Is Peer Review 100%?

Here’s a question for all of you journal editors and editorial board members out there. Does every single manuscript that your journal receives get the same peer-review treatment? Is there no pre-screening before stuff gets sent to reviewers, where patently kooky or ignorant contributions are killed on arrival?

Is peer review 100%? Should it be? Would that be a wise way to use a journal’s resources? Discuss.


8 thoughts on “Is Peer Review 100%?

  1. Don’t know, but anecdotally, quackery and pseudoscience submissions (especially in physics) arrive daily to journals and are subsequently, and in crumpled state, used for the basketball practice by the editors. Is that true? I doubt an obvious “yet another perpetuum mobile proof” crap will go farther than the waste-basket in the corner. And that is fine by me.


  2. In order to select possible reviewers, the editor has to take at least a cursory look at the manuscript. Any hint of crackpottery in the Abstract will usually prompt the editor to check the rest of the manuscript, and if it’s obvious rubbish, send it politely back to the authors.

    But the important word is ‘obvious’; if there’s a chance that the authors are genuinely breaking new ground, the editor will probably send it out for review.


  3. Not an editor or editorial board member, but…

    Editors often reject submissions without sending them out for review. All of the specific example I know of were for things like “fit”, but I assume the same happens for obvious crackpottery.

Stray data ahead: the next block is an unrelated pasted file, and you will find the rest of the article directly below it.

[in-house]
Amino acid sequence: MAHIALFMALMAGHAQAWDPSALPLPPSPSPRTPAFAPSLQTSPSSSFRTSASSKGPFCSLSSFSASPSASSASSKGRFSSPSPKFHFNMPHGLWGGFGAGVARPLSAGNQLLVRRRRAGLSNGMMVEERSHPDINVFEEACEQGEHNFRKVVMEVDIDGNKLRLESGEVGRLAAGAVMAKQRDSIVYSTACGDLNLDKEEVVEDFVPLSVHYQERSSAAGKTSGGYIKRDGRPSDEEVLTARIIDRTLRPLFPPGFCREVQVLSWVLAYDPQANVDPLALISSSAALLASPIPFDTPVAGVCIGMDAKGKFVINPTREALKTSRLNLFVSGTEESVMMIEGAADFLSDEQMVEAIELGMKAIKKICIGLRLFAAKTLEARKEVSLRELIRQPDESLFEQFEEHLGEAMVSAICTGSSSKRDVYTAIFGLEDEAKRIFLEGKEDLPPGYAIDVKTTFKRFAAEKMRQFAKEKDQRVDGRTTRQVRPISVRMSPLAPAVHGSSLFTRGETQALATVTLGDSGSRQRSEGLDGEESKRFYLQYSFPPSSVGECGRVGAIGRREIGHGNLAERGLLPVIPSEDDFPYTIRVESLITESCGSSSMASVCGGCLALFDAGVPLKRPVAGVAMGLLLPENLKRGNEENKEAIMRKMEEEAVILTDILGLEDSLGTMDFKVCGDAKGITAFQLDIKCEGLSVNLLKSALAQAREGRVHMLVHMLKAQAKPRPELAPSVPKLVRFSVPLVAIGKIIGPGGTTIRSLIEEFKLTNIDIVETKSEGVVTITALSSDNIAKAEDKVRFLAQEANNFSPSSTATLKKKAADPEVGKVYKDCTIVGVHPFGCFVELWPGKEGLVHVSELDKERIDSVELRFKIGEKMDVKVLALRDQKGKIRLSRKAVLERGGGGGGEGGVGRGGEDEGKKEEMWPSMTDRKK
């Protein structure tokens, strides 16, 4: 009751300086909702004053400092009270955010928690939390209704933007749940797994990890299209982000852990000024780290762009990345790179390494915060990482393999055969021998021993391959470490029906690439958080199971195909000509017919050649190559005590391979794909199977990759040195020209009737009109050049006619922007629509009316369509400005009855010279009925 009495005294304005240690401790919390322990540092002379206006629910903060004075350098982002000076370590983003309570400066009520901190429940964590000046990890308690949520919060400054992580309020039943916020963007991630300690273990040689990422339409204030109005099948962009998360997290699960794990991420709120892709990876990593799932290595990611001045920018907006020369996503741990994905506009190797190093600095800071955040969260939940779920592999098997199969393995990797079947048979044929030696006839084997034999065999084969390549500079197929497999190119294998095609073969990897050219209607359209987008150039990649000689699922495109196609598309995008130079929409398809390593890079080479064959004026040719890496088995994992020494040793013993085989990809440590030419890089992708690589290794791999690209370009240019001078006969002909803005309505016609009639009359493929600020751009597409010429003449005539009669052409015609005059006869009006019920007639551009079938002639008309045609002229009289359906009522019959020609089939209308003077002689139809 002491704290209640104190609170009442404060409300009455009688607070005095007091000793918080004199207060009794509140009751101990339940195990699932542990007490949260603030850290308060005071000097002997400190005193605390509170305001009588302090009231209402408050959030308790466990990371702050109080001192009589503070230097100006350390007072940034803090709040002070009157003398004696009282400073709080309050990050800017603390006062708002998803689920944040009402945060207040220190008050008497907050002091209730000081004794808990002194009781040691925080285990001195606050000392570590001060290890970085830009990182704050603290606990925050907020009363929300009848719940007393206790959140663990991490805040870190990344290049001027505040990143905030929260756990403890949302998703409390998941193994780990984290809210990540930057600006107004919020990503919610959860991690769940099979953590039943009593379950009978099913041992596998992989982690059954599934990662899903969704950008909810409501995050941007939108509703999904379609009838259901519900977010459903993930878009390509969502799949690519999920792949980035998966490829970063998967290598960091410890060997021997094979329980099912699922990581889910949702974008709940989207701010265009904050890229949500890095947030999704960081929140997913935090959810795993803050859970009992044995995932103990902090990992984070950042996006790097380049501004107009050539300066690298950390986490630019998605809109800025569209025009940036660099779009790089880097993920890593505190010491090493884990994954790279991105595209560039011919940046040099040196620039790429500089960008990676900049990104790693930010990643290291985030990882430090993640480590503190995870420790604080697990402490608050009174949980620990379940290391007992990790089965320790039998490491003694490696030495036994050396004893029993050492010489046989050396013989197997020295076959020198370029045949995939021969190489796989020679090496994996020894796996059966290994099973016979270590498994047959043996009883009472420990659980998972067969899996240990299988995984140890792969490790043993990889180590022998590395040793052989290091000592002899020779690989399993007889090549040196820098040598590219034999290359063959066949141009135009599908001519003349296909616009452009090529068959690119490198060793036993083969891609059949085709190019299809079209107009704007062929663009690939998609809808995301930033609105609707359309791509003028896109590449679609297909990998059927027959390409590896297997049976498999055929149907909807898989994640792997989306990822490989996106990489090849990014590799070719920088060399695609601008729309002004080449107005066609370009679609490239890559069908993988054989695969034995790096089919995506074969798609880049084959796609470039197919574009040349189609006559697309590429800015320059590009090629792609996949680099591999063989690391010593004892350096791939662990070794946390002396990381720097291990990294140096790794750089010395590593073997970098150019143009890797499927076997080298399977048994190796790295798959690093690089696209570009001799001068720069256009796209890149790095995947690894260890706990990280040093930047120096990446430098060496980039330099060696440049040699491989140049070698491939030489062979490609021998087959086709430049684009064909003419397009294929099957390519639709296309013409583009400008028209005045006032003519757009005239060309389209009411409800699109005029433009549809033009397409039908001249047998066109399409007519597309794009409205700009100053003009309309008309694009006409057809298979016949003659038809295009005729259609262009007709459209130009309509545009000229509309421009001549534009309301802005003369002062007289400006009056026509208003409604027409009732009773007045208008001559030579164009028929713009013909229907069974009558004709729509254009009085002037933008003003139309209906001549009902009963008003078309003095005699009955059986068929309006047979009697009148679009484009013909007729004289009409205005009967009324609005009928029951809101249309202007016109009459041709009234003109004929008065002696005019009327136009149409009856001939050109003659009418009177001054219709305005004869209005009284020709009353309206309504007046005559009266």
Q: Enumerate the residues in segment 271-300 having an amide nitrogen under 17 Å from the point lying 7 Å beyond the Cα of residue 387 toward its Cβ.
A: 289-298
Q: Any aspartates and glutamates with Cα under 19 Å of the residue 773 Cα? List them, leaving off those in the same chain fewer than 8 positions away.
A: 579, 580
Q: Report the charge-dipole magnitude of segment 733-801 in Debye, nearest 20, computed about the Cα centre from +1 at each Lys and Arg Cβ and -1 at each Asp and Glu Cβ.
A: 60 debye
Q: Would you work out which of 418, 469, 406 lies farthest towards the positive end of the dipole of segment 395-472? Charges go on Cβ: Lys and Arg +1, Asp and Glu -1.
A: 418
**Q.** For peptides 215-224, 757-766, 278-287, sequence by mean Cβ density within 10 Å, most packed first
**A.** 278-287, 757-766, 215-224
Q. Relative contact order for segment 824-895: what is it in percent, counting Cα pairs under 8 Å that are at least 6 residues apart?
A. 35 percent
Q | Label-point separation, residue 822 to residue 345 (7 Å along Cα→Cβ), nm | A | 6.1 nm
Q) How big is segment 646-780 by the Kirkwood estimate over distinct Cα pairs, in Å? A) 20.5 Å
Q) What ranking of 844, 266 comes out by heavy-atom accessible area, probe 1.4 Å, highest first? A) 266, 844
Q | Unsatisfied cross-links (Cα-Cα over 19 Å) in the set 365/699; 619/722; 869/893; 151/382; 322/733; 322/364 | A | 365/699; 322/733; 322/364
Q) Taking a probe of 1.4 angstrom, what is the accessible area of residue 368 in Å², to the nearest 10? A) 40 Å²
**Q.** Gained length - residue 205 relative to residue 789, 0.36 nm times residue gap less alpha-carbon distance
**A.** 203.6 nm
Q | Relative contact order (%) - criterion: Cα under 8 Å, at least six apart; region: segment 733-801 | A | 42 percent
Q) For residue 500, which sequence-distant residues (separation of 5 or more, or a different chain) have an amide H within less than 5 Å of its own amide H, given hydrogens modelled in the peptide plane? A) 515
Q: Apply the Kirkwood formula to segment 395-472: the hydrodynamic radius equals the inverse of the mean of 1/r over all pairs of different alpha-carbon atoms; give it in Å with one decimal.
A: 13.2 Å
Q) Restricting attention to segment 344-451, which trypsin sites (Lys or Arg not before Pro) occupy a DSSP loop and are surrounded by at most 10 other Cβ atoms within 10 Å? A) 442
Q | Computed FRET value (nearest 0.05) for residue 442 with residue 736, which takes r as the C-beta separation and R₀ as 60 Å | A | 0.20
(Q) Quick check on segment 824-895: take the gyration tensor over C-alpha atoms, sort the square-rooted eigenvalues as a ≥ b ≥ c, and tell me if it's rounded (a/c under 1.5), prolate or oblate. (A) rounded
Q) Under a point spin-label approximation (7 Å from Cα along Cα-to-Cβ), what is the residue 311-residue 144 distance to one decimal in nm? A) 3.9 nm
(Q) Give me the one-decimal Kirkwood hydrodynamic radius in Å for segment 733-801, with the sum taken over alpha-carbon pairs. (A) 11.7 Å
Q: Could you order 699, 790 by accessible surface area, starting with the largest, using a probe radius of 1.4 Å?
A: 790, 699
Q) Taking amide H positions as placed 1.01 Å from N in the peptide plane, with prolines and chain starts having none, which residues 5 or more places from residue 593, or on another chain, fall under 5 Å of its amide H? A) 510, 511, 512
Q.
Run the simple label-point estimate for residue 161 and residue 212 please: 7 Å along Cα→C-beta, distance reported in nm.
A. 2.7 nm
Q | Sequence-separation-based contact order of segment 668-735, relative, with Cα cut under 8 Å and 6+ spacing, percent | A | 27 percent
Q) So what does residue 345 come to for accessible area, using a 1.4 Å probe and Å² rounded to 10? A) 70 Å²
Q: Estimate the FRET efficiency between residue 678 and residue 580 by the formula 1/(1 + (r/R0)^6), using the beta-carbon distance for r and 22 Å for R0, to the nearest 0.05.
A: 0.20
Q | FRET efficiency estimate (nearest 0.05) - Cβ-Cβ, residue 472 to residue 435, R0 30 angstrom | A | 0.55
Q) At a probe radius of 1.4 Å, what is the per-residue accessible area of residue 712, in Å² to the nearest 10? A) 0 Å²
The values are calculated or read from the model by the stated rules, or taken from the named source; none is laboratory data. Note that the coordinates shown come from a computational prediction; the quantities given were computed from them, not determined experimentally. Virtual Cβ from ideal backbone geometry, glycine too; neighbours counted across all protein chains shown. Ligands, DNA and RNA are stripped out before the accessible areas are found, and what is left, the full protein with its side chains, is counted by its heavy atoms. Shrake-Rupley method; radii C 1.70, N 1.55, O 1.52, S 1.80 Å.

4. That’s my feeling too — first selection of candidate material for the journal, then peer review. This will no doubt come as a shock to unorthodox thinkers who believe that their ideas are being suppressed by the scientific establishment as a collective. In fact, they are just being suppressed by a few journal editors. (-;


  5. Martin: I am Editor-in-Chief of a high volume journal. Our editorial board screens every submission and sends to editors, of which we have about 100, approximately 40% of submissions. This 40% will be sent to reviewers who are chosen by the editors. The other 60% are rejected without review.


  6. It is well known that GlamourMag editors will often reject a paper without sending it out for review. The usual excuse is that the topic isn’t of sufficient interest to a broad readership–that excuse is vague enough to cover the obvious psychoceramic submissions.

    Certain journals which specialize in short papers will also reject papers out of hand if they exceed length limits by too large a margin. A 50-page manuscript will not be considered by Physical Review Letters even if it is Nobel Prize worthy research.

    As for journals further down the food chain, I don’t know. I assume there are some minimal bozo filters in place, but I am occasionally amazed at what gets past the referees.


  7. While acting as a subject editor for a botanical journal, manuscripts that were poorly prepared, poorly written, or simply judged not of sufficient quality were routinely returned of authors without review. Editors should make certain that reviewers don’t have to deal with sloppy, poorly prepared manuscripts. However, none were returned because of conclusions, or the lack thereof, offended my delicate sensibilities.


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